In his prime, Piper was an exceedingly rich man. Most of his wealth was held in property with about 3,500 acres in and around Sydney and 300 acres in Van Diemen’s Land. In 1822 he was granted a further 2,000 acres of farmland at Bathurst. He was now a pillar of society, church elder, magistrate and a director of the Bank of New South Wales. However all was not as it seemed: an extravagant lifestyle, interests in horse racing and risky investments forced him to mortgage his property.
The paradise for the Prince of Sydney was to come to an end in 1826 with the arrival of Governor Darling, who set small store with social amenities and was soon in conflict with his Naval Officer. The Governor abolished the position and an investigation held into the affairs of the Naval Officer’s Department and the Bank of New South Wales revealed poor stewardship and dangerous levels of liquidity. Piper was forced to sell his property in a declining market, with the exception of that at Bathurst. Due to the disgrace he attempted suicide by having his boat’s crew take him outside the Heads where he jumped overboard, only to be rescued by his ever faithful crew.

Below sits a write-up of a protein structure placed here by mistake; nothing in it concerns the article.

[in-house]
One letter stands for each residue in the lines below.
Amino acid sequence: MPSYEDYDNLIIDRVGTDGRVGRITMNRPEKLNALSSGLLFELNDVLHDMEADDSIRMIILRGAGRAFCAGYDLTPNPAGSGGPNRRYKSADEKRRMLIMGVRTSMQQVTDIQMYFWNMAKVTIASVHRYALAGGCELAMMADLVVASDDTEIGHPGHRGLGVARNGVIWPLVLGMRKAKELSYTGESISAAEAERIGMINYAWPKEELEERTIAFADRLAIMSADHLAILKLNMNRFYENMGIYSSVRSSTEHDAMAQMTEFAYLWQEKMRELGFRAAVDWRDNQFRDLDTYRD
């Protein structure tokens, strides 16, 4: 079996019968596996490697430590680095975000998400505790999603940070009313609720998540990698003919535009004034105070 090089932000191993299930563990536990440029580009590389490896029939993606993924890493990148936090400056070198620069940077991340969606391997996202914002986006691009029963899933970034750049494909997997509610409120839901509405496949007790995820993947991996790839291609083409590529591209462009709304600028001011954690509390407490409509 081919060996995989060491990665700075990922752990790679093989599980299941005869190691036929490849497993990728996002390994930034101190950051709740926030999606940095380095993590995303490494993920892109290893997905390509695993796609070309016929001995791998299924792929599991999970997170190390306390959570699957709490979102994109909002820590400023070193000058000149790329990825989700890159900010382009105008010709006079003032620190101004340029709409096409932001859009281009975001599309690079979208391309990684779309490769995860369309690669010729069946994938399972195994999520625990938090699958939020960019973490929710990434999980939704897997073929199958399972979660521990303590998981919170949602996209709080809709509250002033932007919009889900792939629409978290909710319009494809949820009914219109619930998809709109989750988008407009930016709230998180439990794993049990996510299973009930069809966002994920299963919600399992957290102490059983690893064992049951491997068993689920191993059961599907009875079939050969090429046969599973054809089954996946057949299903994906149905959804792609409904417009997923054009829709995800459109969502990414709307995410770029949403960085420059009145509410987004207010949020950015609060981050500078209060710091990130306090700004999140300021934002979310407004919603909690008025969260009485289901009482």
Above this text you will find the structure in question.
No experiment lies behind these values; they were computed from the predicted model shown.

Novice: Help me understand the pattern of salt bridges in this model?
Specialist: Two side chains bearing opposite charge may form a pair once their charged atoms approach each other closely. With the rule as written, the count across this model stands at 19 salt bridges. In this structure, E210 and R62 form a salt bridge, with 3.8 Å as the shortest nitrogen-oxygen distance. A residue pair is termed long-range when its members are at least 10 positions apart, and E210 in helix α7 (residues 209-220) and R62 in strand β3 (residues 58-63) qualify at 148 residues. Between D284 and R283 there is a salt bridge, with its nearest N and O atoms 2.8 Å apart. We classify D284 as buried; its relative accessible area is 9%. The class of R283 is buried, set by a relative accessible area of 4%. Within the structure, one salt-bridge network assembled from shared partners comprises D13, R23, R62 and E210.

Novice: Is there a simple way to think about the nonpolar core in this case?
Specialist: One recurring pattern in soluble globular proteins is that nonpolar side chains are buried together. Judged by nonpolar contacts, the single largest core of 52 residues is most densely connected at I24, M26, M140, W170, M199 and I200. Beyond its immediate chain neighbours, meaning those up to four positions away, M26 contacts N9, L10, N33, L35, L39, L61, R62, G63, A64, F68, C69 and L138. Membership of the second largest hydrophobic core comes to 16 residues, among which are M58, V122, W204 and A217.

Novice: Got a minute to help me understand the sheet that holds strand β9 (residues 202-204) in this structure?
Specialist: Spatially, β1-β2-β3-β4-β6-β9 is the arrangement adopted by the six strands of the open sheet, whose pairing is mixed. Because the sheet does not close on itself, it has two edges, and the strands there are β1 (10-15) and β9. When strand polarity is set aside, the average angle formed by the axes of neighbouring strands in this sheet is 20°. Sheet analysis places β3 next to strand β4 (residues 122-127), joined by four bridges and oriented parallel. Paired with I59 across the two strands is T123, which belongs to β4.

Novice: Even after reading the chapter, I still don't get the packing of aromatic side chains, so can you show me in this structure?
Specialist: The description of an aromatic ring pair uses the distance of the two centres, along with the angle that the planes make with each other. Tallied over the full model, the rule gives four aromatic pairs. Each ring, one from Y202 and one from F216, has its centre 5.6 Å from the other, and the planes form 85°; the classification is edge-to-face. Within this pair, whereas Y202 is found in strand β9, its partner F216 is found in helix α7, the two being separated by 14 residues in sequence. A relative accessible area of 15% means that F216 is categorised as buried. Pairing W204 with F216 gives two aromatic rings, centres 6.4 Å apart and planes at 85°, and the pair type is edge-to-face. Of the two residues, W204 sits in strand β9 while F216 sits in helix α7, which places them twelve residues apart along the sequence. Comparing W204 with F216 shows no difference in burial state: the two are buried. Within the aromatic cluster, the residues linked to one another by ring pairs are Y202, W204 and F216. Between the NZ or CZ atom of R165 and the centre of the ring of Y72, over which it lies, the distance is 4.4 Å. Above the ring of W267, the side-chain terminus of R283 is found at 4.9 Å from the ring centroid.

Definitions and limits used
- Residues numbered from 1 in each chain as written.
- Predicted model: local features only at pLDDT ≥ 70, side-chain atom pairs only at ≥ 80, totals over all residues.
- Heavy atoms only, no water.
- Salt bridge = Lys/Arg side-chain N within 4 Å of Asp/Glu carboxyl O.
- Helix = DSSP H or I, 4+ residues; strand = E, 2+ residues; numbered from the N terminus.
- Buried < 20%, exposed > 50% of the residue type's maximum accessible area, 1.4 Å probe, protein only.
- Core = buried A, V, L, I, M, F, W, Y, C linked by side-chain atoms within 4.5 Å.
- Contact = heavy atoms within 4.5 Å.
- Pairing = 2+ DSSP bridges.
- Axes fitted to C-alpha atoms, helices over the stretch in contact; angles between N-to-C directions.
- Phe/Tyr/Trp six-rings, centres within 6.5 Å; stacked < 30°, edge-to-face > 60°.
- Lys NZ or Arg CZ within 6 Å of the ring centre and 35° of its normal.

Following the sale of his Sydney properties and settlement of debts the Pipers retired to Bathurst, where he saw out his declining years, finally fading away in 1851 in much humbler circumstances with his land now reduced to 500 acres. Being long forgotten, with his magnificent naval pavilion demolished and most of his contemporaries pre-deceasing him, his death barely caused a ripple in an enlarged new society growing ever confident of making new fortunes through recent gold discoveries. John Piper was for a time a prince amongst men but lacked business sense and the ability to say ‘no’ to those who used his generosity. However he was possibly the most colourful and singular Naval Officer to adorn our shores.
Major John George Nathaniel Gibbes
At this time when a royal marriage is imminent there is an unusual link between a successor of Captain Piper and the vice-regal establishment. In 1834 Major John George Nathaniel Gibbes was appointed to the old Naval Officer position, re-named Collector of Customs. Major Gibbes is believed to have been an illegitimate son of His Royal Highness Frederick Duke of York (second son of King George III and Commander in Chief of the British Army) who after an unsuccessful marriage had separated from his wife and lived with several other ladies. On arrival in the Colony Major Gibbes leased Henrietta Villa but in 1842 – 43 had a new house built at Kirribilli, known as Wotonga. This later became the residence of the Commander-in-Chief of the Royal Navy’s Australia Squadron, re-named Admiralty House. With the demise of the Australia Squadron in 1913 Admiralty House later became the official Sydney residence of the Governor General. The then Colonel Gibbes retired in 1859 after a record-breaking twenty five years in the Collector of Customs position. His final home was the country property Yarralumla, where he died in 1873. Yarralumla later became the official Canberra residence of the Governor General.